The Human Use of Machine Learning:
An Interdisciplinary Workshop

DECEMBER 16th, 2016 - VENICE

Any machine constructed for the purpose of making decisions, if it does not possess the power of learning, will be completely literal-minded.
Woe to us if we let it decide our conduct, unless we have previously examined its laws of action, and know fully that its conduct will be carried out on principles acceptable to us!

(N. Wiener, 1954)


The development of machine learning has suggested ethical worries from its very beginning. Norbert Wiener, for example, as early as mid-fifties warned against a too simplistic idea of progress, divorced from any ethical guidance thereby reminding us the idea that there is no isolated “pure” science and that scientific and technological progress is in most of the cases socially and ethically mediated.
Inspired by that far-seeing reflection, we would like to stimulate a discussion starting from very basic questions such as: How do we reframe the notions of “wrong” and “good” in the context of machine learning and of data-driven technologies? What does it mean being responsible in today’s machine learning research and application? What is the place of moral values in the design process? How could we deal with engineering constrains, like efficacy or costs, in an ethical way? What is social good? What could be the social mission of machine learning? We do feel that this could provoke researchers to think critically about the philosophical underpinnings of today’s machine learning research encouraging a cross-fertilization of ideas and an “imaginative forward glance.”
With this workshop we aim at: 1) Stimulating potential collaborations among researchers with different background; 2) Identifying critical ethical questions and problems which may become the subject matter of future research projects within the SMC community and related areas; 3) Finding a common vocabulary to support the communication of technological achievements to non-expert people or to the large public; 4) Outlining how ethical aspects could be integrated into educational programme for future machine learning scientists.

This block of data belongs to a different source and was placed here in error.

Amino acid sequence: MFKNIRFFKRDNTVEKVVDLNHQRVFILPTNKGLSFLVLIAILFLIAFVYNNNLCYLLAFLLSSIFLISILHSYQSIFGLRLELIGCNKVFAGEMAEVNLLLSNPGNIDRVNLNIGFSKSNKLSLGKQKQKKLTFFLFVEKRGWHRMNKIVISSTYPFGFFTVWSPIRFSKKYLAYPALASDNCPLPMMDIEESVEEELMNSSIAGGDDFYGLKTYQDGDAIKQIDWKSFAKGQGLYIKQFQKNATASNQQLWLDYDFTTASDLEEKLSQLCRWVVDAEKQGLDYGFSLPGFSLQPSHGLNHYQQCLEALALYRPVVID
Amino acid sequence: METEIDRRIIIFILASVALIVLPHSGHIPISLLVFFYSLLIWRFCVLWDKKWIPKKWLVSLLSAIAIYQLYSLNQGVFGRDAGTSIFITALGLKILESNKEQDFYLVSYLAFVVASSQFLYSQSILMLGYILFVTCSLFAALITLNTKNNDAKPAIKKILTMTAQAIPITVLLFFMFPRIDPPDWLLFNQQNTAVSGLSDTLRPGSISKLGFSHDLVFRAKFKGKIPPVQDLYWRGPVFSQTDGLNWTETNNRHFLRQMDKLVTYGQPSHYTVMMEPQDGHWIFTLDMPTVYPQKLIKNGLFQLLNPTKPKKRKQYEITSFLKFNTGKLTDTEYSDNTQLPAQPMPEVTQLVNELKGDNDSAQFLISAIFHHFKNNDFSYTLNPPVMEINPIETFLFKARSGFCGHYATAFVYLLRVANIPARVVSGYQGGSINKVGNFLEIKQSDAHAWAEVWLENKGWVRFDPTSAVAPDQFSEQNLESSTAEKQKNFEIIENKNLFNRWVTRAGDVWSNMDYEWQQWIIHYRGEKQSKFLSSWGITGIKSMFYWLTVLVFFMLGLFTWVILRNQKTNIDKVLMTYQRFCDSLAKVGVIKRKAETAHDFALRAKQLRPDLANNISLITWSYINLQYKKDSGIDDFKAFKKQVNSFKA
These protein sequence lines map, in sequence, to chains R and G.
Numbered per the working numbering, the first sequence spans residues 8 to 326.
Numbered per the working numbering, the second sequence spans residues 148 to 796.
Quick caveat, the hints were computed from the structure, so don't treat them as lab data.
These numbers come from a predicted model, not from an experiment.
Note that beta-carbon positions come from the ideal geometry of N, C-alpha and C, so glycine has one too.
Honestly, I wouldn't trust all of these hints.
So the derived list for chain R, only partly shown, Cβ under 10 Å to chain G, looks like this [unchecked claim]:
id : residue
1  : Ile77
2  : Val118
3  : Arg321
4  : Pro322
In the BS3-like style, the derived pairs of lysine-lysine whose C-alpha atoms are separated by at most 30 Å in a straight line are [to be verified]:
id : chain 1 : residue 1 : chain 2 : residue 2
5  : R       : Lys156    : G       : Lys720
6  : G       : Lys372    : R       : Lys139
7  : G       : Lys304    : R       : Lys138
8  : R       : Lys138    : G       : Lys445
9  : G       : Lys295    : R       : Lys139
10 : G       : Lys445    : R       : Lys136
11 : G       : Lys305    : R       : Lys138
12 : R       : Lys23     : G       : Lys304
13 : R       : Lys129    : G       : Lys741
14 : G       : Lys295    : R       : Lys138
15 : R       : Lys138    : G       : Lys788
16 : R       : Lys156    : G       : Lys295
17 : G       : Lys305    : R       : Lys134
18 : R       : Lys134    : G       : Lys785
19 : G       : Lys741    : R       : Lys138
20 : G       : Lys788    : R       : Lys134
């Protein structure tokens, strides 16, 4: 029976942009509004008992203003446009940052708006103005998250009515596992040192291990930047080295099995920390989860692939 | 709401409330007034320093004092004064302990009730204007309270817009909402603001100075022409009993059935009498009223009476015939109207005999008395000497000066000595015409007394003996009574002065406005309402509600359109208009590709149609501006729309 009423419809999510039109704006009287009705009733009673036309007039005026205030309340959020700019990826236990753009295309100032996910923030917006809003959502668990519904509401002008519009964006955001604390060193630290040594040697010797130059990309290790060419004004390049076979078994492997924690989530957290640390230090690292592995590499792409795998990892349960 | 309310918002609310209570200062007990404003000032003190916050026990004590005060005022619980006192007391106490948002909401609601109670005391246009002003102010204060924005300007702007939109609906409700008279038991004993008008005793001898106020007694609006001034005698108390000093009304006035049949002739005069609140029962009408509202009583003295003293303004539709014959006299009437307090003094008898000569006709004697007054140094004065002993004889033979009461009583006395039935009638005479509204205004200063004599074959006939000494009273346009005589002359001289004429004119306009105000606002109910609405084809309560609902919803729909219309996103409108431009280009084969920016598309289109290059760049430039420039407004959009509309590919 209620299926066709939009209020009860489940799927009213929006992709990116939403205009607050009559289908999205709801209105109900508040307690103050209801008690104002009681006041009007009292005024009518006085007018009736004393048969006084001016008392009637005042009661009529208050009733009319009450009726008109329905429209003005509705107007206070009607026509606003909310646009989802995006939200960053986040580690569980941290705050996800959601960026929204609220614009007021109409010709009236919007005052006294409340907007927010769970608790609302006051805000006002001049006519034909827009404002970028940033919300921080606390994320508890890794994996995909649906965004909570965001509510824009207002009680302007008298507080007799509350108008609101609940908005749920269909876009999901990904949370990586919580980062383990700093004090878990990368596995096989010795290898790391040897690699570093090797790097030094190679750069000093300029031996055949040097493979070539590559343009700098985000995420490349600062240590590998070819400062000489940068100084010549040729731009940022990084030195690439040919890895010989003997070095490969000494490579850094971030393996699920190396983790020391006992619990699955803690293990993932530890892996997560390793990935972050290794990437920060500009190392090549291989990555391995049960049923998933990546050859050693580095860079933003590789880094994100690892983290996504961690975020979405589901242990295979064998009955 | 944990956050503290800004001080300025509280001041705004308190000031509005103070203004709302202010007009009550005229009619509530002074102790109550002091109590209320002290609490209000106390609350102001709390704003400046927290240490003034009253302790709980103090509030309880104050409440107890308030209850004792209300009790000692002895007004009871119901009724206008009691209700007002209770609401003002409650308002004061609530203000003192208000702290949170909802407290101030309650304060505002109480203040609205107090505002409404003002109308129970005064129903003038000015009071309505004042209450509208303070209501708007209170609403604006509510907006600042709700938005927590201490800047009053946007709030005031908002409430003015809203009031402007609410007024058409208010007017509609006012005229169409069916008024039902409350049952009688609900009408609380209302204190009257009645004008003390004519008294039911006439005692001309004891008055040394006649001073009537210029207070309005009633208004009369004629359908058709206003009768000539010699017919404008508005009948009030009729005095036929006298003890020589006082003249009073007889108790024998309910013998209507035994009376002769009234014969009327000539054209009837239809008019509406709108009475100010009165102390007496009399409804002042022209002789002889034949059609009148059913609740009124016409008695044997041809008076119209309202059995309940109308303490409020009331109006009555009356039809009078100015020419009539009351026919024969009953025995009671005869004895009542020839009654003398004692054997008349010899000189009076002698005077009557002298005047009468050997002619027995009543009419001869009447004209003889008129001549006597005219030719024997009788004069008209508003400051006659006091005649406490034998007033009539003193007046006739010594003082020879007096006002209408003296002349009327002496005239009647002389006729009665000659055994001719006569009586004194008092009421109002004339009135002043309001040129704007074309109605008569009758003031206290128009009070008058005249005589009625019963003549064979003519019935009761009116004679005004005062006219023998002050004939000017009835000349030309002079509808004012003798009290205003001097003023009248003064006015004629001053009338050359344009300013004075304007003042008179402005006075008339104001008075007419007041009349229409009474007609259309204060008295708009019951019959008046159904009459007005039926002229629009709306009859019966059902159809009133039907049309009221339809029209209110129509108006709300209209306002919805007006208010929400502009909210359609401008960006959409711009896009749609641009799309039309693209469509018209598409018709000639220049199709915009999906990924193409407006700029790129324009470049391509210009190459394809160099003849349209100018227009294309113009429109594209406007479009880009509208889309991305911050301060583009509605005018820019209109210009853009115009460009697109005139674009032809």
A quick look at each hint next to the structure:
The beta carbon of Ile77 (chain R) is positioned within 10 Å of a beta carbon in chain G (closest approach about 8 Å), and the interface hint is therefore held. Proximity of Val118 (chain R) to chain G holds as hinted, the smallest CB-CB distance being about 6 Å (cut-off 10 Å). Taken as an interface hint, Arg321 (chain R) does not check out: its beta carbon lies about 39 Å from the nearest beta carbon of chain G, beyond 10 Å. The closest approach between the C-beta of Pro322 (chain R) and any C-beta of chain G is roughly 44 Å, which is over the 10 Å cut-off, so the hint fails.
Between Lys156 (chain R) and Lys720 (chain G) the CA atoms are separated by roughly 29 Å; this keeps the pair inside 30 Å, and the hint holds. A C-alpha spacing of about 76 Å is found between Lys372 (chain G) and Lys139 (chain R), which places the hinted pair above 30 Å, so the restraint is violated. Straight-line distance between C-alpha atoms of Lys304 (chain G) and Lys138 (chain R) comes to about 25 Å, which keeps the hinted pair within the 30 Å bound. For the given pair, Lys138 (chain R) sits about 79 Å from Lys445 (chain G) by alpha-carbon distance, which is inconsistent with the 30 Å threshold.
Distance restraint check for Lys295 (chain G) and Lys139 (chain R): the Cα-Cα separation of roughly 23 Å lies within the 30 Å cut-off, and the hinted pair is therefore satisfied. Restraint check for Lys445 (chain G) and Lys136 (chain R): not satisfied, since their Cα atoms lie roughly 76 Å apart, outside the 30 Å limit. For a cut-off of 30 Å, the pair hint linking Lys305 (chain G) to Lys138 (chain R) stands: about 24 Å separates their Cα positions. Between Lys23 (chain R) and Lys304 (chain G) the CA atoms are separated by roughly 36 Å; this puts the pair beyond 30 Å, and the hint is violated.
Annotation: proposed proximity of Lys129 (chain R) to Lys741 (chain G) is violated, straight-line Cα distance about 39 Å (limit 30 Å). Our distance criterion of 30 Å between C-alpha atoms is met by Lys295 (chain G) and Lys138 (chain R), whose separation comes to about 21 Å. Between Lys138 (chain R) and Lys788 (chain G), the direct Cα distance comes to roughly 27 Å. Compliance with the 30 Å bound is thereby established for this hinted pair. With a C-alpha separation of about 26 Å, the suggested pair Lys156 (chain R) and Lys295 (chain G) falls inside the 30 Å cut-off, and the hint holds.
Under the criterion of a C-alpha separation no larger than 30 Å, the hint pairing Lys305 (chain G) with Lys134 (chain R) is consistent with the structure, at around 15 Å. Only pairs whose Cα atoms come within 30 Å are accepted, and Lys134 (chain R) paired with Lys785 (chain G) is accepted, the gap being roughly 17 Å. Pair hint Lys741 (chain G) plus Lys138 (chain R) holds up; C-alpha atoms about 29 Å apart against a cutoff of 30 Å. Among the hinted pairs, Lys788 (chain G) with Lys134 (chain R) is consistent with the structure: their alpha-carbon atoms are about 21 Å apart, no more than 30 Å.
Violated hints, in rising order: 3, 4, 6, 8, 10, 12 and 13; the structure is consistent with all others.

Invited speakers

Bettina Berendt
University of Leuven
Krishna Gummadi
Max Planck Institute for Software Systems
Mireille Hildebrandt
Free University of Brussels
Arshak Navruzyan

Fabio Roli
University of Cagliari
Viola Schiaffonati
Polytechnic University of Milan
Judith Simon
IT University of Copenhagen
Katherine Strandburg
New York University


Morning Session Afternoon Session
09:00 Welcome address [Slides] [Video] 14:10 Mireille Hildebrandt, The issue of bias: trade-offs and balance in ML [Abstract] [Slides] [Video]
09:10 Judith Simon, Big data & machine learning: Reflections on trust, trustworthiness & responsibility [Abstract] [Slides] [Video] 14:50 Krishna Gummadi, Discrimination in human vs. machine decision making [Abstract] [Slides] [Video]
09:50 Katherine Strandburg, Decision-making, machine learning and the value of explanation [Abstract] [Slides] [Video] 15:30 Michael Veale, How do public values get into public sector machine learning systems, if at all? [Abstract] [Slides][Video]
10:30 Coffee Break 15:45 Lucia Sommerer, Under the electronic eye: A legal evaluation of predictive policing [Abstract]
10:50 Fabio Roli, Some thoughts on safety of machine learning [Abstract] [Slides] [Video] 16:00 Coffee Break
11:30 Viola Schiaffonati, Preliminary steps for experimentally evaluating the impact of AI and robotic technologies [Abstract] [Slides] [Video] 16:20 Marília Monteiro, Innovating in democracy - machine learning and social participation: Can we hack law-making? [Abstract] [Slides] [Video]
12:10 Zackary C. Lipton, The mythos of model interpretability [Abstract] [Slides] [Video] 16:35 Matthias Treder, Mining the mind: Machine learning in brain research [Abstract] [Slides] [Video]
12:25 Federico Cabitza, The unintended consequences of chasing electric zebras [Abstract] [Slides] [Video] 16:50 Arshak Navruzyan, Avoiding bad machine learning predictions in critical decision domains [Abstract]
12:40 Lunch Break 17:30 Bettina Berendt, What does it mean to ask about "the human use of machine learning" - on positioning (not only) for engineers [Abstract] [Slides] [Video]
18:10 - 18:30 Open discussion and closing remarks


Marcello Pelillo
Ca' Foscari University
Teresa Scantamburlo
Ca' Foscari University


The workshop will take place in the beautiful setting of the European Centre for Living Technology (ECLT), an interdisciplinary research centre devoted to study of complex systems and network science, located in the historical centre of Venice.


European Centre for Living Technology, Ca' Minich, S. Marco 2940 30124 Venice

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